“For the other sub-targets, they are all heading in the wrong direction: worsening water quality; inefficient availability – so we need greater efficiency; [and] we need greater protection of our ecosystems, on average globally,” says Sadoff.
So does Sadoff share the view of the late Hans Rosling, set out in his book Factfulness, that there is a great deal of evidence to show that the world is getting better? She describes it as “an outstanding book” and agrees with his outlook.
“You see there are places in which things are moving in a positive direction – we have the processes, we have the technology, we have the ideas. The question is then how to set as a goal reversing negative trends everywhere else,” she says.
“The idea that we can recycle wastewater, take the hazards out of it, and return safe resources for productive use, that’s fabulous progress. The fact that we can desalinate water at a tenth of the cost of 25 years ago, that’s phenomenal progress. We just have to be applying these opportunities much more enthusiastically,” she says.
This can be taken to apply to the progress seen with digital technologies, opening up opportunities for water resources managers that were almost undreamed of decades ago.
“We find ourselves in a moment now where we realise that we need to be much more aware of the availability of water, where it’s being used, what it’s quality is, how efficiently it is being used, because of these constraints of scarcity and really very dangerous pollutants, but now we have the tools to mind that,” says Sadoff. She cites examples such as the use of Earth Observation data and algorithms for forecasting weather and rainfall, and the development of tools for water accounting, allocation and protection. “These tools enable us to really manage our water [in a way] that we never have been able to and never have had to previously.”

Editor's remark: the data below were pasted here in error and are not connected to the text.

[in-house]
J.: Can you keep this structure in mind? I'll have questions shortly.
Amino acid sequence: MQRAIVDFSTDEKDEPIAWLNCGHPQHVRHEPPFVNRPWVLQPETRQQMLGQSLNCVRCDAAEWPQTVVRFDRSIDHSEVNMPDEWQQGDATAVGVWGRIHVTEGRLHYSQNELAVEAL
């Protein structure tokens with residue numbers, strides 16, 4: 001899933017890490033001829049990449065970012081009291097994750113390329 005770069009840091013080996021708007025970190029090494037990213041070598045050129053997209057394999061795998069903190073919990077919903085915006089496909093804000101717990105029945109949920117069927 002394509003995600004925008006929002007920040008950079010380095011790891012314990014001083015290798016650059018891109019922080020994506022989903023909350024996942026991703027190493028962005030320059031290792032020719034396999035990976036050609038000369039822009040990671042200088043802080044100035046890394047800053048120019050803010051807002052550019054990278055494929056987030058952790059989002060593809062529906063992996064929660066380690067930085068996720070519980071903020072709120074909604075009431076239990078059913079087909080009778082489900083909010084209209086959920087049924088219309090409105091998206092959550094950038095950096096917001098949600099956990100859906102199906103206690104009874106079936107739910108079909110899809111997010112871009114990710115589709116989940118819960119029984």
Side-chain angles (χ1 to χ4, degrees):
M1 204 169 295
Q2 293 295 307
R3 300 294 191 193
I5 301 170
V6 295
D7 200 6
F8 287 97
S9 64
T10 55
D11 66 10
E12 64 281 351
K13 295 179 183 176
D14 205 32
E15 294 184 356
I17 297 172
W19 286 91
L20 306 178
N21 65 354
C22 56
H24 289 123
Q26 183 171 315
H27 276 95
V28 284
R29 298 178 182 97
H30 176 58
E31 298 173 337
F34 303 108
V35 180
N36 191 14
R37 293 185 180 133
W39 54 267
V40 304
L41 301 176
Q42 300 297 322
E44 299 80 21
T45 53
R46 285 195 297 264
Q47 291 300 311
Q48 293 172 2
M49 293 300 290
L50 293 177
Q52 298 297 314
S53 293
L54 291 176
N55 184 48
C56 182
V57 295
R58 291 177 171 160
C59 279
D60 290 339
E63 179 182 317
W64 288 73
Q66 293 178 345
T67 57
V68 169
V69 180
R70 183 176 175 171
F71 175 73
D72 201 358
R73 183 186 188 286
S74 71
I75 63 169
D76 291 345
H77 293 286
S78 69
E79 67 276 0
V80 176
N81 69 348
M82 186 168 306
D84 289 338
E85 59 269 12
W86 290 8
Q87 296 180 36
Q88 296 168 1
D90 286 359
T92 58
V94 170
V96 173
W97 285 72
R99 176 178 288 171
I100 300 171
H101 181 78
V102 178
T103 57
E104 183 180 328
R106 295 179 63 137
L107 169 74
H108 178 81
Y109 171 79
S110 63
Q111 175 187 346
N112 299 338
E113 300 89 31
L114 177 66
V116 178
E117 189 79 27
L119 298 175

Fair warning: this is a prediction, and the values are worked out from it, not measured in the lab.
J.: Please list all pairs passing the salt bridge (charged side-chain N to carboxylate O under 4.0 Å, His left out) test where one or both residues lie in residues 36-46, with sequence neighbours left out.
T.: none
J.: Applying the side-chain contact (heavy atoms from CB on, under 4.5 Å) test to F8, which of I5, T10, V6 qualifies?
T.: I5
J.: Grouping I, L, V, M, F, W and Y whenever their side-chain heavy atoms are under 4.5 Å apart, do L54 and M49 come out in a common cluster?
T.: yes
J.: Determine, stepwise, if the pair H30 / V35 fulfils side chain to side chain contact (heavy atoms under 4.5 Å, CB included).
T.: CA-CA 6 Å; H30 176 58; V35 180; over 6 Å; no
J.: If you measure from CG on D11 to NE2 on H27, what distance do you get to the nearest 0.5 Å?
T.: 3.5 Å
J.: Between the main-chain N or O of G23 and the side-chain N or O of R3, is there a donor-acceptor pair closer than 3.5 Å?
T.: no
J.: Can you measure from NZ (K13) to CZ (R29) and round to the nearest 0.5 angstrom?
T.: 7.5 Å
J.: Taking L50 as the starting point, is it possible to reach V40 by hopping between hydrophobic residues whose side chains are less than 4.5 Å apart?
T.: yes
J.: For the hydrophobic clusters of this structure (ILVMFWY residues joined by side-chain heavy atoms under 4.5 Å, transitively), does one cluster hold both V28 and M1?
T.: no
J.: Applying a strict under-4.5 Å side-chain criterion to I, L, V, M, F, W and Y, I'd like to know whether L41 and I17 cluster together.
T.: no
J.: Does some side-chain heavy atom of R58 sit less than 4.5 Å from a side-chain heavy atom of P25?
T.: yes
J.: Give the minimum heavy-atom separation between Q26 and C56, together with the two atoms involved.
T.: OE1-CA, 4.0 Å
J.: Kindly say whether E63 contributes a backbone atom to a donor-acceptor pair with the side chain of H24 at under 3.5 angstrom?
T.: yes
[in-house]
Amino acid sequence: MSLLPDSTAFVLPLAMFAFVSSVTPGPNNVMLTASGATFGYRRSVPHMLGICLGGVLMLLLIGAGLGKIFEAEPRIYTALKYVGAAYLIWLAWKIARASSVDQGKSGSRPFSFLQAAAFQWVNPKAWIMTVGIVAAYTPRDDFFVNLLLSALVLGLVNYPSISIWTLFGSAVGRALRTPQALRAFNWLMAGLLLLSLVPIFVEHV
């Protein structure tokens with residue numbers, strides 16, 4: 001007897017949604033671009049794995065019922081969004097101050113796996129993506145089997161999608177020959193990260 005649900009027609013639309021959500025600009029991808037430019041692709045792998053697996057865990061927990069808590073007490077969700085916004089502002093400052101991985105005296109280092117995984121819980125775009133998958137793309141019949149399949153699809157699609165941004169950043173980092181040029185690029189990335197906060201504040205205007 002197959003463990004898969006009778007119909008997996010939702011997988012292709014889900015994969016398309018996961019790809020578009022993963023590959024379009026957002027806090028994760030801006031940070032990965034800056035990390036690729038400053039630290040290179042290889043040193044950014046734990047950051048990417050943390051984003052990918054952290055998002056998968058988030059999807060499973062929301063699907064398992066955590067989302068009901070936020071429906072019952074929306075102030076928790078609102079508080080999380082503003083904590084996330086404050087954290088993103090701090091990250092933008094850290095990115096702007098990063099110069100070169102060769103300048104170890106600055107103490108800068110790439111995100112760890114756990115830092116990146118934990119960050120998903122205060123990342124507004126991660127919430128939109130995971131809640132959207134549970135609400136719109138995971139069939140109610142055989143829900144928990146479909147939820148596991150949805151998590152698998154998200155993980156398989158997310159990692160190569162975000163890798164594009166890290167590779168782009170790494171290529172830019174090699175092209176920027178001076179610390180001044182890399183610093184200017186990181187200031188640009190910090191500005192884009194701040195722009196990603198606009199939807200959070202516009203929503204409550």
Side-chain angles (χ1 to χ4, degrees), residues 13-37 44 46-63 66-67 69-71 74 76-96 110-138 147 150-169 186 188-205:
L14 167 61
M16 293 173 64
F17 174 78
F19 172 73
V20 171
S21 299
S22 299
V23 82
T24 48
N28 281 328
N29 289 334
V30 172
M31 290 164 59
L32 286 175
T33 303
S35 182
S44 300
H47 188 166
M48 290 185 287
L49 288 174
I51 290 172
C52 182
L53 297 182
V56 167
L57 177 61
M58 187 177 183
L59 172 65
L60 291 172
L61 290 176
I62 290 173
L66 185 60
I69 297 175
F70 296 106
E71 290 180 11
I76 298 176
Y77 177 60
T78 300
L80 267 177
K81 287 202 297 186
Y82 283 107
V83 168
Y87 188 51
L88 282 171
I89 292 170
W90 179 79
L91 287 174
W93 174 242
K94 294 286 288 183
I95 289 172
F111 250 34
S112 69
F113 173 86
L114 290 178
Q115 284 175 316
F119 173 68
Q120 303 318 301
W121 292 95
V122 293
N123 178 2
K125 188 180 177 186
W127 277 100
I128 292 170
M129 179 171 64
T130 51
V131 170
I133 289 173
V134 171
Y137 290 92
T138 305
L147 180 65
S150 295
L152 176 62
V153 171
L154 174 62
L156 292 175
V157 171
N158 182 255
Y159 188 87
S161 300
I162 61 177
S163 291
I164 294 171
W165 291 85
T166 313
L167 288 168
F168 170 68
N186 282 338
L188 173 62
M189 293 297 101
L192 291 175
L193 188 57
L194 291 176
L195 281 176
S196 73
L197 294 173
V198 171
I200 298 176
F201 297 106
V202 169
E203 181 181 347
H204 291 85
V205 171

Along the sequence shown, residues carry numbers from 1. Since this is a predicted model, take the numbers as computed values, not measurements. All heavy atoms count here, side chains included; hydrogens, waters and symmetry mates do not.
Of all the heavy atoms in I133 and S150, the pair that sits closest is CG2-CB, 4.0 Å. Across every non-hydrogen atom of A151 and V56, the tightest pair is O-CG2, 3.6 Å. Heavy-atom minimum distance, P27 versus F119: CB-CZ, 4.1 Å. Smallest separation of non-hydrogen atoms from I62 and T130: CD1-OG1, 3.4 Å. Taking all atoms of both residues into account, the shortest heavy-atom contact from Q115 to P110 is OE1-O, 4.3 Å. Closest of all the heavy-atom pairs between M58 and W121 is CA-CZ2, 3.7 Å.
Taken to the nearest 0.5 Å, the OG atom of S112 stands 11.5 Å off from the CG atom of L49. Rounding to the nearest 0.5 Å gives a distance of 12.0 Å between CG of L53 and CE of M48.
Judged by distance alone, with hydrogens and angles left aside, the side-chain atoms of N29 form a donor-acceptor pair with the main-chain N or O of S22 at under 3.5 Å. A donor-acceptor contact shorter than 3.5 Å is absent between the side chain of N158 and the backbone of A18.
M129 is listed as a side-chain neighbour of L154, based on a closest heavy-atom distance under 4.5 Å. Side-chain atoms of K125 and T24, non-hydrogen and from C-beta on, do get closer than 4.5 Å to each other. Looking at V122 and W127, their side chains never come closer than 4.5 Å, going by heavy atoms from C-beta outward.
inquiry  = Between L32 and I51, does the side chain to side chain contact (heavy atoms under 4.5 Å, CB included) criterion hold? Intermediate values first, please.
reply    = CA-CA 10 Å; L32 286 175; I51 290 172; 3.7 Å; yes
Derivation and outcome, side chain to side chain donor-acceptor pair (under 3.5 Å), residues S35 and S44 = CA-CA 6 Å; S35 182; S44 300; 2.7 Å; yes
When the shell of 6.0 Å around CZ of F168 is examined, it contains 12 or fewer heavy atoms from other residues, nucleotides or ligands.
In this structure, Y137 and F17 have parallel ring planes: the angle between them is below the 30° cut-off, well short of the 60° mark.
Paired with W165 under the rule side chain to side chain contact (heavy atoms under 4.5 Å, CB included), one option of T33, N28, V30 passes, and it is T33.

This applies, in particular, to the area of monitoring – where there have been longstanding pleas to invest, recognising the water realities of the management maxim: “If you can’t measure it, you can’t manage it.”
Sadoff points to the growing need to think in terms of closed basins, where any change in water use will affect someone.
“In a world of closed basins, we have to monitor in a way that we haven’t had to before,” says Sadoff. And it is this level of pressure on water resources that lies behind the political and business attention seen, for example, in the World Economic Forum risk assessments and the work of the UN High Level Panel on Water, she adds.